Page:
A day in my life – An American homeschool student living in Malaysia

I moved to Penang, Malaysia 4 months ago with my parents. I’m in tenth grade, and I’ve homeschooled for the majority of my life. When I entered Highschool I switched from a home-planned curriculum to an American Correspondence School. This basically meant that I was given a set curriculum, with online exams to do for qualified teachers in the United States to grade, and guaranteed Transcripts at the end of the torturous 4 years. This would give me the ability to apply for American and International Universities.

At home, 8 stories up in an apartment complex, I have 5 subjects in my curriculum. On Weekdays, I wake up earlier than weekends, and do more “average” things. So let’s say today is Thursday (Which it is. But wait, keep reading)

I wake up at 7 and am up eating cereal in 10 minutes. School is started as soon as the last sip has been taken, and that’s my world for the following  4 hours. Each lesson is 45 minutes to an hour, one per subject, so around 11 I’ve finished. At that point I tackle Social Media and my Blog, responding to your guy’s lovely comments and interacting with the community. At 12-12:15 I’m out the door and down at the gym.

There’s a Half-Marathon in June which I’ve just started training for, so far I’m up to an average of 3 miles, working up to 4. I also do weight training, and bicycling on rest-days. After the gym and a shower, we’re off to lunch.

Lunch is usually in 1 of 4 places. A Malay restaurant 25 metres away. An Indian and a Thai exactly 1 block away. And a Chinese restaurant 2 blocks away. We have no form of private transportation except for our feet, so closer the better. Commonly, as we’re deciding on where to go the “Floating Mosque” is belting out the first of the Afternoon Prayers.

We choose Thai, and have navigated our way into our regular seats in a tiny building apart of a long strip that consists of a Pharmacy, Mini Market, Indian restaurant with funny – smelling soups (We, ah. We don’t eat there) and 2 Barber Shops. I’m going to quickly tally the costs for you:

A drink is 1.50 Ringgit, or 50 American Cents.

A Thai Rice, Yellow Curry Chicken, or anything on the menu for 1 person is 3 – 4.50 Ringgit, or 1 – 1.50 American Dollars.

So an average lunch for the 3 of us, with 2 drinks each, is 15 to 21 Ringgit or 5 – 7 U.S. If I ever want to eat by myself it’s less than 2 dollars.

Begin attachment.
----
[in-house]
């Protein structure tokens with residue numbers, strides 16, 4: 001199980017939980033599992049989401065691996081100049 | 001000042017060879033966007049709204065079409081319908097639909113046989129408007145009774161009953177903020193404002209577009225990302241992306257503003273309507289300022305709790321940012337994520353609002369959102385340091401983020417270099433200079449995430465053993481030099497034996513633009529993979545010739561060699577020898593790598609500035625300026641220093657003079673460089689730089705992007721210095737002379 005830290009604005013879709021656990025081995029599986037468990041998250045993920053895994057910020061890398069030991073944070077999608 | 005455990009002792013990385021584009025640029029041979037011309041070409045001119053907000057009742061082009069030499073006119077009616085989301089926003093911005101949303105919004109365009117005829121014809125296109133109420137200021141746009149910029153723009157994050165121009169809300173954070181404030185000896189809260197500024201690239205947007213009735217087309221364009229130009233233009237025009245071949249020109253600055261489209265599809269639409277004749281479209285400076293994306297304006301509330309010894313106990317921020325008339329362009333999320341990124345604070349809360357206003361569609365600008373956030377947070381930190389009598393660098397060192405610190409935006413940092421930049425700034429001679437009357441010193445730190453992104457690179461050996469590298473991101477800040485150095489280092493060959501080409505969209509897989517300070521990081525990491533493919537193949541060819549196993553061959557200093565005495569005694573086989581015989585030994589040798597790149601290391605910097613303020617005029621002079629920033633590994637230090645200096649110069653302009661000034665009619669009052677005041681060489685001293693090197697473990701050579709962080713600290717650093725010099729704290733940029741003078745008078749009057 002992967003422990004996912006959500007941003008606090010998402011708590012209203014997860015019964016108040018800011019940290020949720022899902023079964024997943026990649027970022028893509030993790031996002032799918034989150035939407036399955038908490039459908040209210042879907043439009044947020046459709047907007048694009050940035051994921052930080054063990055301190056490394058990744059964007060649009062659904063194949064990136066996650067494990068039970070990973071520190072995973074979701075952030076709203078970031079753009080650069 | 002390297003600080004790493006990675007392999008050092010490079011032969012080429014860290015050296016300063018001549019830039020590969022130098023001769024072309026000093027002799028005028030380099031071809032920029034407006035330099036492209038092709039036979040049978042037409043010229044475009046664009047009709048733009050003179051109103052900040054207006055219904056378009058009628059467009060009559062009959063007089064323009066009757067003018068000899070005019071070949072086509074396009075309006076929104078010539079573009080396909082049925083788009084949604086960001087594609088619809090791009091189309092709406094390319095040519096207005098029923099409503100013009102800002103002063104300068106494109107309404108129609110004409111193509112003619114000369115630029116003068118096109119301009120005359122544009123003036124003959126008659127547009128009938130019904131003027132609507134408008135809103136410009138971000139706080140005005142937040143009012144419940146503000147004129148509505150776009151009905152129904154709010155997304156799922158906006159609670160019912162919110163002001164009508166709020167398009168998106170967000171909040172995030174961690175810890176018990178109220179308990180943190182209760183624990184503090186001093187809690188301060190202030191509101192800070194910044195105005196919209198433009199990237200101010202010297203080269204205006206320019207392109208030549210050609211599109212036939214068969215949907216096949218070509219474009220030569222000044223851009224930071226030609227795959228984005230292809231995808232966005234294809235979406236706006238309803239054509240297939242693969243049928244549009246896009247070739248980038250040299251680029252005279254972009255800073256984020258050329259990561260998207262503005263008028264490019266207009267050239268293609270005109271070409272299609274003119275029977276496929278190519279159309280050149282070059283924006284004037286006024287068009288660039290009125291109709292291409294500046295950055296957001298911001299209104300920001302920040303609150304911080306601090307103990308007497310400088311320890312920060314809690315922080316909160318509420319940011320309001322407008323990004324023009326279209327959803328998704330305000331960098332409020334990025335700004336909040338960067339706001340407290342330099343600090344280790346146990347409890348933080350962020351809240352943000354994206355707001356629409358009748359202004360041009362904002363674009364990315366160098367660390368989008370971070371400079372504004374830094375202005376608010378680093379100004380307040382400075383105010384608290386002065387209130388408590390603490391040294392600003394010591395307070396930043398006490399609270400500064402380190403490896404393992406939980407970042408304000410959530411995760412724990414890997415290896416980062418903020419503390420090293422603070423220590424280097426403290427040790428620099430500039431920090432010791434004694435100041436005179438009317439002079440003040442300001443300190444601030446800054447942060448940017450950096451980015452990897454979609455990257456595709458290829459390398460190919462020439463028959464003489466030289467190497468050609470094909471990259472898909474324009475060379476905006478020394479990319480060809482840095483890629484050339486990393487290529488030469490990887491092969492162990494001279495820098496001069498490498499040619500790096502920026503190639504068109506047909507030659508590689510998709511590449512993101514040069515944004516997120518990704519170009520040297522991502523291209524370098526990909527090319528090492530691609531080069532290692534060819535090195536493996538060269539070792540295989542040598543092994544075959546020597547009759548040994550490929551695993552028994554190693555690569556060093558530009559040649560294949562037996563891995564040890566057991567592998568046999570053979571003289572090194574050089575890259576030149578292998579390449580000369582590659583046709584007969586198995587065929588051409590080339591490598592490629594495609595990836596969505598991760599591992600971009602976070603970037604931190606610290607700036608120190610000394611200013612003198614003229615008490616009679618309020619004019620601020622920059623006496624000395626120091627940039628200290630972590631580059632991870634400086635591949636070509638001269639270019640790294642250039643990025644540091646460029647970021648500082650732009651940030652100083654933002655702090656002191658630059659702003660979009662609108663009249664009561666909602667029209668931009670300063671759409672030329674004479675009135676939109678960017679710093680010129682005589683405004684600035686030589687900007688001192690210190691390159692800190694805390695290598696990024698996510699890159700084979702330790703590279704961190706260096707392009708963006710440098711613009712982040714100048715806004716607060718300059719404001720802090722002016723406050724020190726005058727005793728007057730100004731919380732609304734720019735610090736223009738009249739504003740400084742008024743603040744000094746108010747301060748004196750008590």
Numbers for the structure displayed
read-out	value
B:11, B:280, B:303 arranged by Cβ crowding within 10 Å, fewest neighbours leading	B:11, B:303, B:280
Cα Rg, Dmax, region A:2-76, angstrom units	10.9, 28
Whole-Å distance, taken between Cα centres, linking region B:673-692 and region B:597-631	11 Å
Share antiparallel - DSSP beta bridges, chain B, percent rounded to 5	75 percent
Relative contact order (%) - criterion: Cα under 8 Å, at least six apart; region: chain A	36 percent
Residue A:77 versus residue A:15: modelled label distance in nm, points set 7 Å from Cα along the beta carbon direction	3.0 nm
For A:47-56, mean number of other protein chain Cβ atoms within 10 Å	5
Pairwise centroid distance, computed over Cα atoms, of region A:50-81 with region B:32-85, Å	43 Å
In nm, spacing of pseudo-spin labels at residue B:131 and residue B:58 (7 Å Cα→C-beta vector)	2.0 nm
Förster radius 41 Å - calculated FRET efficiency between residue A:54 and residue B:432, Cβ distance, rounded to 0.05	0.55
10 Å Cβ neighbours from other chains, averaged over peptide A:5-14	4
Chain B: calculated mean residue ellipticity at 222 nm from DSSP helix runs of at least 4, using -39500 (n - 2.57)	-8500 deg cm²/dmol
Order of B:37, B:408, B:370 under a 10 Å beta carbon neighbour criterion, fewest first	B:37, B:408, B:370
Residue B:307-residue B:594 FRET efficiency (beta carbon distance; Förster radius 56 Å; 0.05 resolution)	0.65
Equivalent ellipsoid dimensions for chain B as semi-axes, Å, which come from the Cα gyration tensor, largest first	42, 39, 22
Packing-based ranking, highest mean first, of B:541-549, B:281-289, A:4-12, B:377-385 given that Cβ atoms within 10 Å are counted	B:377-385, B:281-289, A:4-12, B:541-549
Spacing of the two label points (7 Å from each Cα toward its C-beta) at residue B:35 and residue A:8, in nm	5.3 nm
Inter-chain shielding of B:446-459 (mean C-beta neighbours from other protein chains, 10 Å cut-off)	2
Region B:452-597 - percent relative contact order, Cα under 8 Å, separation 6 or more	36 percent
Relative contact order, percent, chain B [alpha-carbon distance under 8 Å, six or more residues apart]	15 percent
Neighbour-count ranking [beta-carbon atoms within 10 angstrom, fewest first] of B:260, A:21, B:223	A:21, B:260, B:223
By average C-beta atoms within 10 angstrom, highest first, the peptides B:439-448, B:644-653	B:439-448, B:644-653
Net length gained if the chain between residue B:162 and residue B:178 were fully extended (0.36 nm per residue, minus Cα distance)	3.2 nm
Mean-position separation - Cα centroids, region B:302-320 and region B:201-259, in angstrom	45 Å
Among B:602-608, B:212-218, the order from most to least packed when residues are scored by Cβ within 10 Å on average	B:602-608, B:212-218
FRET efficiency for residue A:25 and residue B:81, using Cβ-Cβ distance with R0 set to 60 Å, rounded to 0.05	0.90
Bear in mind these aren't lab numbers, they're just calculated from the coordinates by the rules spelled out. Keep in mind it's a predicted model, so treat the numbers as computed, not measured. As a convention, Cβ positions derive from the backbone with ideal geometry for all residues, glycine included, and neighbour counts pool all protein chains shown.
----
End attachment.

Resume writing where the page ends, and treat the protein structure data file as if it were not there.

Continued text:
These are average prices for all of the thousands of Stalls and local restaurants in Penang. Japanese, Chinese, Malay, Thai, Indian, or even Indonesian are included. Yet don’t get me wrong, there are still over-priced coffee in Starbucks on every other street. T.G.I.Fridays and Chillis is just a 15 minutes bus ride away, usually in giant malls that hold shops like Forever 21 and H&M. Also Italian, German, and really any Western restaurants will have a nice meal, just at normal or slightly above typical Western prices. All locals are rather fluent or know basic English. With our few words of Mandarin and Malay, it’s very easy to get around no matter what.

So now it’s about 3 o’clock. Usually I have after-school classes I participate in at an International School just a couple blocks away. I used to do mock debating every Thursday and watch a pair of talented actors practice a duet play for a Forensics Tournament.  But the Tournament has passed, and classes aren’t until April again. I also did Basket ball of 3 months, and am taking Violin once a week with a teacher. SAT’s are coming up soon, and studying can never come too early. But whatever I end up doing, I’m usually home or finished by 6.

At that time I work on Blog Posts, update sites, play cards and watch a show. (Suits!) Watch a gang of Monkeys from our balconey and work on any personal projects I want to pursue. (Like video editing or Fiction Writing)

The last prayer is uttered around 9 p.m. and I’m in bed with a book by around 10 that I borrow from a local library. “Little Women” is what I’m working on at the moment, with “7 years in Tibet” next.

For such a long post this is really a rare tranquil day. Georgetown holds sushi, street art, and life music. Batu Ferringi offers beaches, a favorite Indian restaurant, and one of the longest markets in Asia during the Evening. Gurney Plaza, a 7 story monstrosity of a mall has a cheap high – quality movie theater and Coffee Bean. We do 1 of each practically every week, along with a couple of days spent with friends aswell.

One day I’ll probably write about those.

Until then,

Sincerely, James


(Below are photos taken around town)

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24 thoughts on “A day in my life – An American homeschool student living in Malaysia

  1. Wah! Welcome to Malaysia James. May I know what are you family doing here? I mean do they work here?

    Yes most of us know basic English. We call as Manglish. But I’m sure most European can understand what we speak. :)

    Liked by 1 person

  2. Pingback: Interviews and thoughts of growing up with travel | Sincerely, James

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